LIMA — Lima City Council failed to pass new Community Development Block Grant allocations that funded aid programs due to concerns about the bill’s additional $500,000 allotment aimed toward developing an isolation and quarantine facility during its Monday night meeting.
Council President John Nixon provided the single “no” vote on the bill, while Councilor Derry Glenn abstained. Due to the lack of six “yes” votes, the piece of legislation will now be considered when councilors meet again in two weeks to vote again on its second reading.
At issue is more than $800,000 provided through a special CDBG allocation meant to help low- to moderate-income residents deal with extra costs related to the pandemic. Councilors had asked in October for such dollars to fund two assistance programs targeting struggling businesses and tenants, but the city administration proposed that $500,000 of those dollars be used to develop a special isolation and quarantine facility that would support homeless individuals and families, as well as those needing a specialized place to quarantine during the pandemic.
After looking at the ordinance in more detail, Nixon voiced concerns about the plan as it has evolved since that time.
Community Development Director Susan Crotty explained that the city is now working with a number of nonprofits and social service providers to create what could be a $2.5 million housing project that would be shifted post-pandemic to provide support services to residents in need. To be potentially operated by Coleman Professional Services, the City of Lima would have funded $500,000 of the multi-family development’s initial cost through its allocated CDBG-CV dollars.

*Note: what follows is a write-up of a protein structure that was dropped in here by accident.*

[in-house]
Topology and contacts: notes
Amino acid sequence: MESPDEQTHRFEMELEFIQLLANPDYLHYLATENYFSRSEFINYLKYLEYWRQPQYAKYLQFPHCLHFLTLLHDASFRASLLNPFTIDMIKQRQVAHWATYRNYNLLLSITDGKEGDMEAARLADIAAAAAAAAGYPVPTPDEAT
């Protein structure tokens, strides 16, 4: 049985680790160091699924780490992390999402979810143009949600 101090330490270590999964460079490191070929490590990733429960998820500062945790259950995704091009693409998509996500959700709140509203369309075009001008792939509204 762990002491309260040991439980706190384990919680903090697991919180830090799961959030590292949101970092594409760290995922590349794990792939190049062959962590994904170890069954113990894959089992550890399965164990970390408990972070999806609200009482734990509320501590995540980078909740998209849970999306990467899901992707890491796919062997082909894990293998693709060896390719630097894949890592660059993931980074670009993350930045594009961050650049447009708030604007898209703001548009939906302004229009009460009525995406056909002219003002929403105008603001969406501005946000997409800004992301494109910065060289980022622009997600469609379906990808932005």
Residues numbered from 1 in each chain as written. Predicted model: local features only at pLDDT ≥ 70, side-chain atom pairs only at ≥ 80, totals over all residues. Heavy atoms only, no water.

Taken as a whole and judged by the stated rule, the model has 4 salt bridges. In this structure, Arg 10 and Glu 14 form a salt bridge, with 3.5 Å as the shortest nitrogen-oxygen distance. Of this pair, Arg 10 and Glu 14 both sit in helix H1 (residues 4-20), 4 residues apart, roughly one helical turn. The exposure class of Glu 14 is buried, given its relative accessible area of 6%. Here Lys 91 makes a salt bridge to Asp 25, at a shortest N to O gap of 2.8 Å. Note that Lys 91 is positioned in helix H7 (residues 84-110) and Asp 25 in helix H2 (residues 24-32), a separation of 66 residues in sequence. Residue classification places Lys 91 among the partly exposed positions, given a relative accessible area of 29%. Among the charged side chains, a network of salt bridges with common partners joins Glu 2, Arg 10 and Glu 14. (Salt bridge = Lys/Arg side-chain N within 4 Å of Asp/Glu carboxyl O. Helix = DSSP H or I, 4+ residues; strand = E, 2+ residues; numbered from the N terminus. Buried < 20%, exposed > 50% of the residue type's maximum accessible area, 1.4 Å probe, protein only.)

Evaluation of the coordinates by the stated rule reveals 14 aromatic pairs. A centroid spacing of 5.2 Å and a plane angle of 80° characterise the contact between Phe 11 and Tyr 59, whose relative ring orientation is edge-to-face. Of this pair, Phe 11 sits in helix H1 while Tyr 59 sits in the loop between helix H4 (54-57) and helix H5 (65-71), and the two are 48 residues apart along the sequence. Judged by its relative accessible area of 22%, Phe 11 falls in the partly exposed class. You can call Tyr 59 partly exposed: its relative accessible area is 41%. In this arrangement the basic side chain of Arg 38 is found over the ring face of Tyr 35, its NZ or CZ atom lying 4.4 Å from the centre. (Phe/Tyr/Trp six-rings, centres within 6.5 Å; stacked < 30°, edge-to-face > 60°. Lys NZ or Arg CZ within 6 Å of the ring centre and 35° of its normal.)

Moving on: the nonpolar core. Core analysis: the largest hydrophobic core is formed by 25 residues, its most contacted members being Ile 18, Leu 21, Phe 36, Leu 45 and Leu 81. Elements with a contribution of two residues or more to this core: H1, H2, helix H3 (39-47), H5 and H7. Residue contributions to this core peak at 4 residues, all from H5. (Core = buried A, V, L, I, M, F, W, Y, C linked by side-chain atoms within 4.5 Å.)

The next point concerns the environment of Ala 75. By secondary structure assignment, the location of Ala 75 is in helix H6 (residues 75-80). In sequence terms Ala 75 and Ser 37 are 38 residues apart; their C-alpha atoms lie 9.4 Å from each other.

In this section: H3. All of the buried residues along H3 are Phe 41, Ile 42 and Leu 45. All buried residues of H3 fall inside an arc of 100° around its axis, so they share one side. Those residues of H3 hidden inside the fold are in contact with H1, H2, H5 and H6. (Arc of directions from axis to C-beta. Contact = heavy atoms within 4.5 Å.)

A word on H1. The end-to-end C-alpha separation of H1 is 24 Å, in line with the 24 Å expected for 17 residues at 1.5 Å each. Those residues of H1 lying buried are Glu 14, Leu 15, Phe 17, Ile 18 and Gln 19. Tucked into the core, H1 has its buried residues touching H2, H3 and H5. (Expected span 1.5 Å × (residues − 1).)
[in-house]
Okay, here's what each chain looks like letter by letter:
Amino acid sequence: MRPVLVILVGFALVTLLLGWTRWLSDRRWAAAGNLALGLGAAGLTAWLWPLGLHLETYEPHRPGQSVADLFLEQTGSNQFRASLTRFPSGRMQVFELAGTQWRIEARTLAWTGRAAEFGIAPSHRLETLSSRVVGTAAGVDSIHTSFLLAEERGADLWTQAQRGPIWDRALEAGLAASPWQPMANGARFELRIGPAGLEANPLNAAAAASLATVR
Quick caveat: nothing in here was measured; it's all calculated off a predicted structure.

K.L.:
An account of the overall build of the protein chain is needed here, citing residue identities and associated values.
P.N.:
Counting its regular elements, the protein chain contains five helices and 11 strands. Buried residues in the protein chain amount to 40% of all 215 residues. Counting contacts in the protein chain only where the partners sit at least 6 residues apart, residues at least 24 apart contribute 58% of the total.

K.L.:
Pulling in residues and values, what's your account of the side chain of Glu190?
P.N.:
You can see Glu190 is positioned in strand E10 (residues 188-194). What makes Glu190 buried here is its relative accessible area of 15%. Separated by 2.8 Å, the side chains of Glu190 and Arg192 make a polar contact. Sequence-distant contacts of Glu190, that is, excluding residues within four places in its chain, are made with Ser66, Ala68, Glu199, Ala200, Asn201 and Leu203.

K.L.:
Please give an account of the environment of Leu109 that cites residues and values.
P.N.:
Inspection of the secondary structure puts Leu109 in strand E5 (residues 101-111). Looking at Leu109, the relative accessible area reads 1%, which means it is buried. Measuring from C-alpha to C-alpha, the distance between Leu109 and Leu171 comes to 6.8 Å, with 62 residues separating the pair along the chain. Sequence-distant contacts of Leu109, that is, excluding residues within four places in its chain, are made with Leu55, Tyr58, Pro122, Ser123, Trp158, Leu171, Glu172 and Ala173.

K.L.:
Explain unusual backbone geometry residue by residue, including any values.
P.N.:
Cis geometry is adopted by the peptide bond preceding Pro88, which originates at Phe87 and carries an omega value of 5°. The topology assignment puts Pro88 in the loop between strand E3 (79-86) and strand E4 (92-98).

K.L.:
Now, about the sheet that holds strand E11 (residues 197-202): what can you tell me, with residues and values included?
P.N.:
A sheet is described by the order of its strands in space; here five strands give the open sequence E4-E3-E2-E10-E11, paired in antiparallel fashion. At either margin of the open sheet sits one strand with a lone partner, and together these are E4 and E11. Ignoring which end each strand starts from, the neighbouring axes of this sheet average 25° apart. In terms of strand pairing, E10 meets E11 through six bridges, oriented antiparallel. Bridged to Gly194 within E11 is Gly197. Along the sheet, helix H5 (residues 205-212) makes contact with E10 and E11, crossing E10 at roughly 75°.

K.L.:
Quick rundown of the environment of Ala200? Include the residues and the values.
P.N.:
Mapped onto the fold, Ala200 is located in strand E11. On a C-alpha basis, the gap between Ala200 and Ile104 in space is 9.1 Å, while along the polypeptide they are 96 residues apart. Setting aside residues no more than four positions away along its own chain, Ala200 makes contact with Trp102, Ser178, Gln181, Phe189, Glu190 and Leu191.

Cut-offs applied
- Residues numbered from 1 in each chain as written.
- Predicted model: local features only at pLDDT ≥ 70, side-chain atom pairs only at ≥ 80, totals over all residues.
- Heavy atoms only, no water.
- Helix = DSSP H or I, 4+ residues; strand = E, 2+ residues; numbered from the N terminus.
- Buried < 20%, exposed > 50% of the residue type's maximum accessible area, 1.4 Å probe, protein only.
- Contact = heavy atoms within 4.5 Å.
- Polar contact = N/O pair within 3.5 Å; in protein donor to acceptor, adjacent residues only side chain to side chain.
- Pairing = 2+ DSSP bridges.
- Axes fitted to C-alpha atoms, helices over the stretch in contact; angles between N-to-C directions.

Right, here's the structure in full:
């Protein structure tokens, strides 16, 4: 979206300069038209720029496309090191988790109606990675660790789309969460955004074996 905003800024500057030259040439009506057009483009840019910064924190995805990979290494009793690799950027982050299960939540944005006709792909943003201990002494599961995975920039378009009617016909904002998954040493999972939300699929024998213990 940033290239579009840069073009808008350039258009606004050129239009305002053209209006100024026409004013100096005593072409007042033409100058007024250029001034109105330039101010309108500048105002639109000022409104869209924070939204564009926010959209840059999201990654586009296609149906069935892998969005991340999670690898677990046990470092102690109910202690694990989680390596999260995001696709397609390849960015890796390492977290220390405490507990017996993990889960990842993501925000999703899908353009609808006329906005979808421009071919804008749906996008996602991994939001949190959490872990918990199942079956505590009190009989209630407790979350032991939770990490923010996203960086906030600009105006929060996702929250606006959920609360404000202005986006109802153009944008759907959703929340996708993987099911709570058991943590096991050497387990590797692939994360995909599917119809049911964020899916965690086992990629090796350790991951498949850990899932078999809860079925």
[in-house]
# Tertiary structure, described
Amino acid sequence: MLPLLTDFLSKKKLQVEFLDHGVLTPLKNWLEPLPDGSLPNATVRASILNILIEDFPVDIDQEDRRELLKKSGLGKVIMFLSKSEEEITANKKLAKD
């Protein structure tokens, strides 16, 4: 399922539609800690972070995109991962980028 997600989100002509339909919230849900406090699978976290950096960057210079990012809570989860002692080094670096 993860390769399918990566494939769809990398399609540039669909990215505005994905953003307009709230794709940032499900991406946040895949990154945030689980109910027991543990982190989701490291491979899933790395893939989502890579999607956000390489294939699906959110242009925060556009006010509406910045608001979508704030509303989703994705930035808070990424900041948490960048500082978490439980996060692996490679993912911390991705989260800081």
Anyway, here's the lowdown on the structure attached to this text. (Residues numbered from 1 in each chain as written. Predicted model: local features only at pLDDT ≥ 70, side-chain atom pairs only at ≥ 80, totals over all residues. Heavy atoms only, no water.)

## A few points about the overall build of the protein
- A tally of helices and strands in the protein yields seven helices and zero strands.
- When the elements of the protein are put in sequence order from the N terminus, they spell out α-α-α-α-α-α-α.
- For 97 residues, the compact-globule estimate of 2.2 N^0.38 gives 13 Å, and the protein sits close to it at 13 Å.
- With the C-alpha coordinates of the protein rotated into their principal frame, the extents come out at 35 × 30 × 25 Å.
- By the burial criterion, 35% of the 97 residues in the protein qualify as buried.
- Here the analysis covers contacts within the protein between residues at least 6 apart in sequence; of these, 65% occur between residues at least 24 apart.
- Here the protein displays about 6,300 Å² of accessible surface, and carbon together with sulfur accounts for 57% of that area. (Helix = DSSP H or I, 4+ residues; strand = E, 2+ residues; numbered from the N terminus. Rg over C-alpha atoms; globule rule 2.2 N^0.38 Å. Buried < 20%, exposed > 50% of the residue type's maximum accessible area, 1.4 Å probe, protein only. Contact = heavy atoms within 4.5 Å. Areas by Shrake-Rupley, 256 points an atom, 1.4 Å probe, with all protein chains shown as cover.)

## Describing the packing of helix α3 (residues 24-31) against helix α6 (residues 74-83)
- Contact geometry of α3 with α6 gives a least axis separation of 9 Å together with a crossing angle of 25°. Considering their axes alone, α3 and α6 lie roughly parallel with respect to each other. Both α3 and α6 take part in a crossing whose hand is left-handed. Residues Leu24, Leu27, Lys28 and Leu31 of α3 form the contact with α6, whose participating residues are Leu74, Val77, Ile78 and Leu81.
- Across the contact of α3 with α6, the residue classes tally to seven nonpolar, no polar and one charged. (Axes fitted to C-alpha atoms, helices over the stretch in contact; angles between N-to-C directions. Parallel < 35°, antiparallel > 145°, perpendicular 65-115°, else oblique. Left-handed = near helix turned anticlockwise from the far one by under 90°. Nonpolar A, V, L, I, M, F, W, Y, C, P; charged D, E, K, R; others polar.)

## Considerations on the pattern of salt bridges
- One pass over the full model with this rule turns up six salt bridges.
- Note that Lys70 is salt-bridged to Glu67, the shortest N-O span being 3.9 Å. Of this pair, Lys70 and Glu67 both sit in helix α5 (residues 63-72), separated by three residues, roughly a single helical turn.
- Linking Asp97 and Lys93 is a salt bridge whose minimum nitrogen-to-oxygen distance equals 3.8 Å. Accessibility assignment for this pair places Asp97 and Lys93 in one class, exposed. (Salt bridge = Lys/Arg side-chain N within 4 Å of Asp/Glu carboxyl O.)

Currently, Crotty said shelter organizations and other social support nonprofits have been helping homeless by paying for hotel stays for those who need to quarantine during the pandemic.
“Why not allocate this money to support these agencies that already have this in place?” Nixon asked.
Crotty replied that the city would have to accept applications in order to do so, and there’s a legal question whether such a program would be an allowed use for the funds.
With the legislation failing to pass on first reading, that leaves the other CDBG programs proposed by councilors on hold. Under the proposed ordinance, $150,000 would have funded a “business assistance program” that could loan up to $5,000 grants to eligible businesses, and $172,207 would have been set aside for a rental assistance program to help low- to moderate-income residents facing evictions.
Back in October, councilors stressed the importance of developing these programs quickly in order to help fulfill the need of additional community support as residents suffer through the pandemic.
In the meantime, Crotty stressed that those in need of rental assistance may find such help from the West Ohio Community Action Partnership. While it may take some time for the city to launch its own assistance program (if the legislation passes), WOCAP has a pot of dollars to help relieve the potential need, which has to be used by the end of December.
“As it comes to rental assistance, people need to call WOCAP now to get that,” she said.
Reach Josh Ellerbrock at 567-242-0398.